Slack and Teams Lax app security raises alarms


Collaboration apps like Slack and Microsoft Teams have become the connective tissue of the modern workplace, connecting users to everything from messaging to scheduling to video conferencing tools. But as Slack and Teams become full-fledged, app-enabled enterprise productivity operating systems, a group of researchers have pointed to serious risks in what they expose to third-party programs, while making trust more organizations. ‘ sensitive data than ever before.

A new study by researchers at the University of Wisconsin-Madison points to troubling gaps in Slack and Teams’ third-party app security model, which range from a lack of app code reviews to default settings that allow any user to install an application for an entire workspace. And while Slack and Teams apps are at least limited by the permissions they ask for approval for when installing, the study’s investigation of those safeguards found that the permissions of hundreds of apps would still allow them potentially posting messages as a user, hijacking the functionality of other legitimate apps, or even, in a few cases, accessing content from private channels when no such permissions have been granted.

“Slack and Teams are becoming clearinghouses for all of an organization’s sensitive resources,” says Earlence Fernandes, one of the study’s researchers who now works as a professor of computer science at the University of California, San Francisco. Diego, and who presented the research. last month at the USENIX Security Conference. “And yet the applications running on it, which provide extensive collaboration features, may violate all user expectations of security and privacy on such a platform.”

When WIRED contacted Slack and Microsoft about the researchers’ findings, Microsoft declined to comment until it could speak to the researchers. (The researchers say they communicated with Microsoft about their findings before publication.) Slack, for its part, says that a collection of approved apps that is available in its Slack App Directory receives security reviews before publication. inclusion and is monitored for suspicious behavior. . It “strongly recommends” that users install only those approved apps and that administrators configure their workspaces to allow users to install apps only with an administrator’s permission. “We take privacy and security very seriously,” the company said in a statement, “and strive to ensure that the Slack platform is a trusted environment for building and distributing apps, and that those apps are professional quality from day one.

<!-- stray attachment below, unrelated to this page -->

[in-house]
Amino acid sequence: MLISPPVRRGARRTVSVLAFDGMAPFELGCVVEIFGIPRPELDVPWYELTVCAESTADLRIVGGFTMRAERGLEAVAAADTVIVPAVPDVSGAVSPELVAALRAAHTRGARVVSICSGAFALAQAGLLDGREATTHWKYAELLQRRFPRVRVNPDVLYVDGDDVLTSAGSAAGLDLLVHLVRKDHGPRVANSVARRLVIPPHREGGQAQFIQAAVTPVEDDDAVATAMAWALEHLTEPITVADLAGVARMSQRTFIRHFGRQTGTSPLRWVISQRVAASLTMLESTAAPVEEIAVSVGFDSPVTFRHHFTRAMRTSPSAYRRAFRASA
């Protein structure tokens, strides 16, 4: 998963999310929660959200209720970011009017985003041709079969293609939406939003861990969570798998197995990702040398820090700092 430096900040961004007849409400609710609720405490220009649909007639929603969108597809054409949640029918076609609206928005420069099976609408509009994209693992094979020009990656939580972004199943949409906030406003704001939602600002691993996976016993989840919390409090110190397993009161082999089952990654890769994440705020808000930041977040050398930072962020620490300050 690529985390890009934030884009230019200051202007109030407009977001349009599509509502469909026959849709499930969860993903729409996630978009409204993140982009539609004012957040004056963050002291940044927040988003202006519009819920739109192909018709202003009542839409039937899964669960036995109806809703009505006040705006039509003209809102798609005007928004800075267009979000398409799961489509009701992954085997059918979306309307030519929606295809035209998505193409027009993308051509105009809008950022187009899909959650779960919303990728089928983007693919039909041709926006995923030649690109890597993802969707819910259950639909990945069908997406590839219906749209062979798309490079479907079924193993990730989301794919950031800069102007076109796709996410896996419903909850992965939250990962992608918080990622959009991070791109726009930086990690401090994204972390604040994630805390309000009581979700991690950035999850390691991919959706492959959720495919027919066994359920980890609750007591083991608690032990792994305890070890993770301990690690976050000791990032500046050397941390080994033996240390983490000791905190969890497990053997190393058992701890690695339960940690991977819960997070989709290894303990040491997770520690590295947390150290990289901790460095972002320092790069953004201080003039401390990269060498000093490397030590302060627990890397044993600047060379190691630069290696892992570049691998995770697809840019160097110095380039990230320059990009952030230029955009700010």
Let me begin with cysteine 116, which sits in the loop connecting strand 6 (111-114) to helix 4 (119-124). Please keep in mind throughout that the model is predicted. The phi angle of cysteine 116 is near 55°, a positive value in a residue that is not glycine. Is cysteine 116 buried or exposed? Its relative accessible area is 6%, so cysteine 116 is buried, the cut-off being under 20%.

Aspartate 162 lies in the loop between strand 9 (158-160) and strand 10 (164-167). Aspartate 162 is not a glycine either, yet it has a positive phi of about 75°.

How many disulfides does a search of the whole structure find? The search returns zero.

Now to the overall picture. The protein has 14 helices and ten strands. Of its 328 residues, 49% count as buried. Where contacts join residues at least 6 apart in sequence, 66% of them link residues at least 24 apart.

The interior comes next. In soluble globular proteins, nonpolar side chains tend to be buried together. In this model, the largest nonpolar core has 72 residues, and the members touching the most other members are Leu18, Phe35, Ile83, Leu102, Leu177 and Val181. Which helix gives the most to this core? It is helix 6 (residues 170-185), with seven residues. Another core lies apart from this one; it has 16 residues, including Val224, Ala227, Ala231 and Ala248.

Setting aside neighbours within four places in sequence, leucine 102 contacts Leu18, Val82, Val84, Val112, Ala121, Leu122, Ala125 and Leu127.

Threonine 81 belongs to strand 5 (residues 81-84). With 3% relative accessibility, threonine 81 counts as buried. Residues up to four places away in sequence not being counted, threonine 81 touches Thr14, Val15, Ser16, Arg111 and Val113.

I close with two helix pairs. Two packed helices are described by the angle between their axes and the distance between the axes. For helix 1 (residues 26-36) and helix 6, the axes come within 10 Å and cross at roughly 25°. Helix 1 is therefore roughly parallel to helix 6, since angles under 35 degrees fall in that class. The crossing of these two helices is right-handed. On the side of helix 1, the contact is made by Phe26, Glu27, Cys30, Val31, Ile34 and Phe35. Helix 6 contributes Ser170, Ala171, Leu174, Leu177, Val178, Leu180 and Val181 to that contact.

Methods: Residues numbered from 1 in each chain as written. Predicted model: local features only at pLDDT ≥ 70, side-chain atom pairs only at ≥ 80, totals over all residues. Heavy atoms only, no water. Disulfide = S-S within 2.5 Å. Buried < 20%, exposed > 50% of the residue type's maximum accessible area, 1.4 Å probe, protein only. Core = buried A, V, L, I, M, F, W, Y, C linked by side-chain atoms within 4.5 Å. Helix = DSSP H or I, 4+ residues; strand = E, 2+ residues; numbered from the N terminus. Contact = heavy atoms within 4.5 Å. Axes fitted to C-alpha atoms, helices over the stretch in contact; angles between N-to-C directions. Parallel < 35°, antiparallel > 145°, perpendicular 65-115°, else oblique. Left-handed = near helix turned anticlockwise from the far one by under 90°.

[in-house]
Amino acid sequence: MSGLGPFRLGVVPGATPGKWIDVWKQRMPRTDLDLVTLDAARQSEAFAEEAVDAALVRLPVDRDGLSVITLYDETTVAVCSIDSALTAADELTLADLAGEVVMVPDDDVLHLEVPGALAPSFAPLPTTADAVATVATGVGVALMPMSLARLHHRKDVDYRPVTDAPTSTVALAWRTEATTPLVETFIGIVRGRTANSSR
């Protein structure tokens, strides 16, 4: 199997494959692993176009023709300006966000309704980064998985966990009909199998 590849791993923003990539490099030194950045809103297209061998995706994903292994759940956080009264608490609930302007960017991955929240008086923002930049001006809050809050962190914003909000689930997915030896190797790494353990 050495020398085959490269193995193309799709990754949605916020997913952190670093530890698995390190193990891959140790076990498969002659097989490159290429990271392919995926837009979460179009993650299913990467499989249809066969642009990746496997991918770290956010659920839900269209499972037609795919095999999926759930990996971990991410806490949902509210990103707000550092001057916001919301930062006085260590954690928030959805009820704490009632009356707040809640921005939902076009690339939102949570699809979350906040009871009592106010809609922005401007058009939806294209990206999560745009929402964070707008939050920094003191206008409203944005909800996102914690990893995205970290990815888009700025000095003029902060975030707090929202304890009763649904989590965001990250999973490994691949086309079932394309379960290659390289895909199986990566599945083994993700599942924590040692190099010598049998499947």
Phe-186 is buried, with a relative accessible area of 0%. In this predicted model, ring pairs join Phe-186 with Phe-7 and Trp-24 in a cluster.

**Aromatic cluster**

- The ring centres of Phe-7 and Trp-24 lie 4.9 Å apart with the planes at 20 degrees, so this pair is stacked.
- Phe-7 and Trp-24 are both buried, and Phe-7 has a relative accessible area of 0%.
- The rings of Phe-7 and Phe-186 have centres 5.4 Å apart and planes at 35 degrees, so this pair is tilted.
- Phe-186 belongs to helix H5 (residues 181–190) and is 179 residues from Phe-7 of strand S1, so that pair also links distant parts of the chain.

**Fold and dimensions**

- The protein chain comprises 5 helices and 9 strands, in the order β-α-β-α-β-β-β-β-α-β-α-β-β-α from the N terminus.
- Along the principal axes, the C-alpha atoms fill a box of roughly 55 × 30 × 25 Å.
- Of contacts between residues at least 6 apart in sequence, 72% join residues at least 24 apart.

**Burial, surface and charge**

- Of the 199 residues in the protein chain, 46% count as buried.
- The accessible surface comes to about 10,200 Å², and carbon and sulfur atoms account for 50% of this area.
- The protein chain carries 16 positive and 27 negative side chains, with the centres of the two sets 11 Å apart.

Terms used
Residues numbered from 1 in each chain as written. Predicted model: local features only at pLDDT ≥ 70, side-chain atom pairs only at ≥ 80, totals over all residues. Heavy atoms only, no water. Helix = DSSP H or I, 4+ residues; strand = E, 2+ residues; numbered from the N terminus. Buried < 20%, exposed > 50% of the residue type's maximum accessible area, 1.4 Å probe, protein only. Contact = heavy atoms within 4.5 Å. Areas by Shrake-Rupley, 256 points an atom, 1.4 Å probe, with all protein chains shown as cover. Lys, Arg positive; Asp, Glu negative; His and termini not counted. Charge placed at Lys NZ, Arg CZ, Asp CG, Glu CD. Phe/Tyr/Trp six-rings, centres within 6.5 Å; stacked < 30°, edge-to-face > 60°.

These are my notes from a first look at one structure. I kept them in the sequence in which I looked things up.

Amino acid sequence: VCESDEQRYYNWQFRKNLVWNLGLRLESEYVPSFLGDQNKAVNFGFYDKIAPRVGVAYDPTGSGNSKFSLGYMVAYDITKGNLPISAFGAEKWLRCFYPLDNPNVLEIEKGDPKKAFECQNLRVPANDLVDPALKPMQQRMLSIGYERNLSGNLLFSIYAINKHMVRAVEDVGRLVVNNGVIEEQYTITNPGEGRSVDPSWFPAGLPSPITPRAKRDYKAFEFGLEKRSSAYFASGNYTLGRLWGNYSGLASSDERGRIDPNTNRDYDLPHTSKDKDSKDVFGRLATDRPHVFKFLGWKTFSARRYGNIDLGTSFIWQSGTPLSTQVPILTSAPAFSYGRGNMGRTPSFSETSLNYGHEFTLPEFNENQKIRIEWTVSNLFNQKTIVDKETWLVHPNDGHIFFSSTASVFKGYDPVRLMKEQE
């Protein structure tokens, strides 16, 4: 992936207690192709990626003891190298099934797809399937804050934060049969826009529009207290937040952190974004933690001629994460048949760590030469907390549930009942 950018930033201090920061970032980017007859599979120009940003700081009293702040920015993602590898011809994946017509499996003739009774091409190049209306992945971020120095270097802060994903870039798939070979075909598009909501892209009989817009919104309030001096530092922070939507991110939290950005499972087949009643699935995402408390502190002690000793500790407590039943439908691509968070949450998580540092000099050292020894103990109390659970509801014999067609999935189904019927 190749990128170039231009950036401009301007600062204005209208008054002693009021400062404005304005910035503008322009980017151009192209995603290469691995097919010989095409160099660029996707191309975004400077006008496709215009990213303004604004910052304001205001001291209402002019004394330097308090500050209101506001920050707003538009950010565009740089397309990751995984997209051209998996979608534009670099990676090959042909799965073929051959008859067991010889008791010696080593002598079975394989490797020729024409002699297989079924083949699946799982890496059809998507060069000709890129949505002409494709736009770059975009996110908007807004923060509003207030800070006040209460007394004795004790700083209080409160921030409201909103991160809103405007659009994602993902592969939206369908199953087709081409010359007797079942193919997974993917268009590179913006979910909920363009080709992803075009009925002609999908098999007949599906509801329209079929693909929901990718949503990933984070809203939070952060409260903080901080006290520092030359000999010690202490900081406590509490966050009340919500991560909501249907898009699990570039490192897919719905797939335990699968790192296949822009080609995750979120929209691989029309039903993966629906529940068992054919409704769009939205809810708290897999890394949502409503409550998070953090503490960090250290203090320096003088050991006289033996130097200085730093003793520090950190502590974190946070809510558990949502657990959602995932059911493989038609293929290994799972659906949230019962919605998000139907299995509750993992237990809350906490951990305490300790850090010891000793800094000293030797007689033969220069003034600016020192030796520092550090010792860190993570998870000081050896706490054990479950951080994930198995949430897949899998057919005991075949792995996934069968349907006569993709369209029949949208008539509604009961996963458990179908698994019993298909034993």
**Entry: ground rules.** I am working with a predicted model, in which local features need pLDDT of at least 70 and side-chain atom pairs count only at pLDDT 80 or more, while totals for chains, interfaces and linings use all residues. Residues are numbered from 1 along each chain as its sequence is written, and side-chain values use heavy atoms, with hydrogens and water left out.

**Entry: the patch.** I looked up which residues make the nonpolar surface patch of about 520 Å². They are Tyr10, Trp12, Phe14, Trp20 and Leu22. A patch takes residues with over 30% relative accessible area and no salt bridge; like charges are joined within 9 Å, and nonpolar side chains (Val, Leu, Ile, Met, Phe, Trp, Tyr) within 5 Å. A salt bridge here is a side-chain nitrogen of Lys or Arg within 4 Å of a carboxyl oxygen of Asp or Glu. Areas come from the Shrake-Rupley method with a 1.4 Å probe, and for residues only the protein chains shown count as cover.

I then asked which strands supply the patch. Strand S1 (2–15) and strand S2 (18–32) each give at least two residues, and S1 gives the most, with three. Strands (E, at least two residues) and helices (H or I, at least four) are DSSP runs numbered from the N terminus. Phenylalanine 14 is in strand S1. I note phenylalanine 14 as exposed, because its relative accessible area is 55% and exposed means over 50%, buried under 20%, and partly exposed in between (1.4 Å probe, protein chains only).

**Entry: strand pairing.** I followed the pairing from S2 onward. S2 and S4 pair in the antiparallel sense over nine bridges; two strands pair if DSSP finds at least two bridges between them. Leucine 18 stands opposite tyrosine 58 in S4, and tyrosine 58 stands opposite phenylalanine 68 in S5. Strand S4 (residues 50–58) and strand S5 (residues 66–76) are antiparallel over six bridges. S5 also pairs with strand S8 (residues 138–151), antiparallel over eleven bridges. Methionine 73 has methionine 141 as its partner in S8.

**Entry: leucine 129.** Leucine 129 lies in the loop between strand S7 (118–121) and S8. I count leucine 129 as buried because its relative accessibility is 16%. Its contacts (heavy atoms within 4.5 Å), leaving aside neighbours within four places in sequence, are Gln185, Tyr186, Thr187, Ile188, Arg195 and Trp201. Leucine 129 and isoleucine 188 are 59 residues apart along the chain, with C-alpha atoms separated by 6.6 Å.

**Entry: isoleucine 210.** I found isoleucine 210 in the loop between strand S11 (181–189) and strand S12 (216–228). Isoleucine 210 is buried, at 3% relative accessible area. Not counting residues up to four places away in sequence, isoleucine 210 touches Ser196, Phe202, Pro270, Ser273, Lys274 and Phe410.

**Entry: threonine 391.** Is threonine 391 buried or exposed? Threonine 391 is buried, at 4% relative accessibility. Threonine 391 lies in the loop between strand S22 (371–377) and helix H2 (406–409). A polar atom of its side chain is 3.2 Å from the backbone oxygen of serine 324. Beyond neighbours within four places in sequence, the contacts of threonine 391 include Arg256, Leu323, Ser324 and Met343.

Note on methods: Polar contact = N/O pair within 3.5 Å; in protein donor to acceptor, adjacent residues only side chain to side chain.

But Slack and Teams still have fundamental problems in their verification of third-party apps, researchers say. They both allow the integration of apps hosted on the app developer’s own servers without reviewing the actual app code by Slack or Microsoft engineers. Even apps reviewed for inclusion in Slack’s app directory only undergo a more cursory check of the apps’ functionality to see if they work as described, check things in their security setup such as their use of encryption and run automated application scans that check their interfaces for vulnerabilities.

Despite Slack’s own recommendations, by default both collaboration platforms allow any user to add these independently hosted apps to a workspace. Organization administrators can enable stricter security settings that require administrators to approve apps before they are installed. But even then, these admins have to approve or deny apps without having the ability to review their code themselves, and most importantly, app code can change at any time, allowing a seemingly legitimate app to go rogue. This means attacks can take the form of malicious apps disguised as innocent apps, or truly legitimate apps can be compromised by hackers in a supply chain attack, in which hackers sabotage an app at its source in order to target the networks of its users. And without access to the applications’ underlying code, these changes could be undetectable to administrators and any monitoring system used by Slack or Microsoft.


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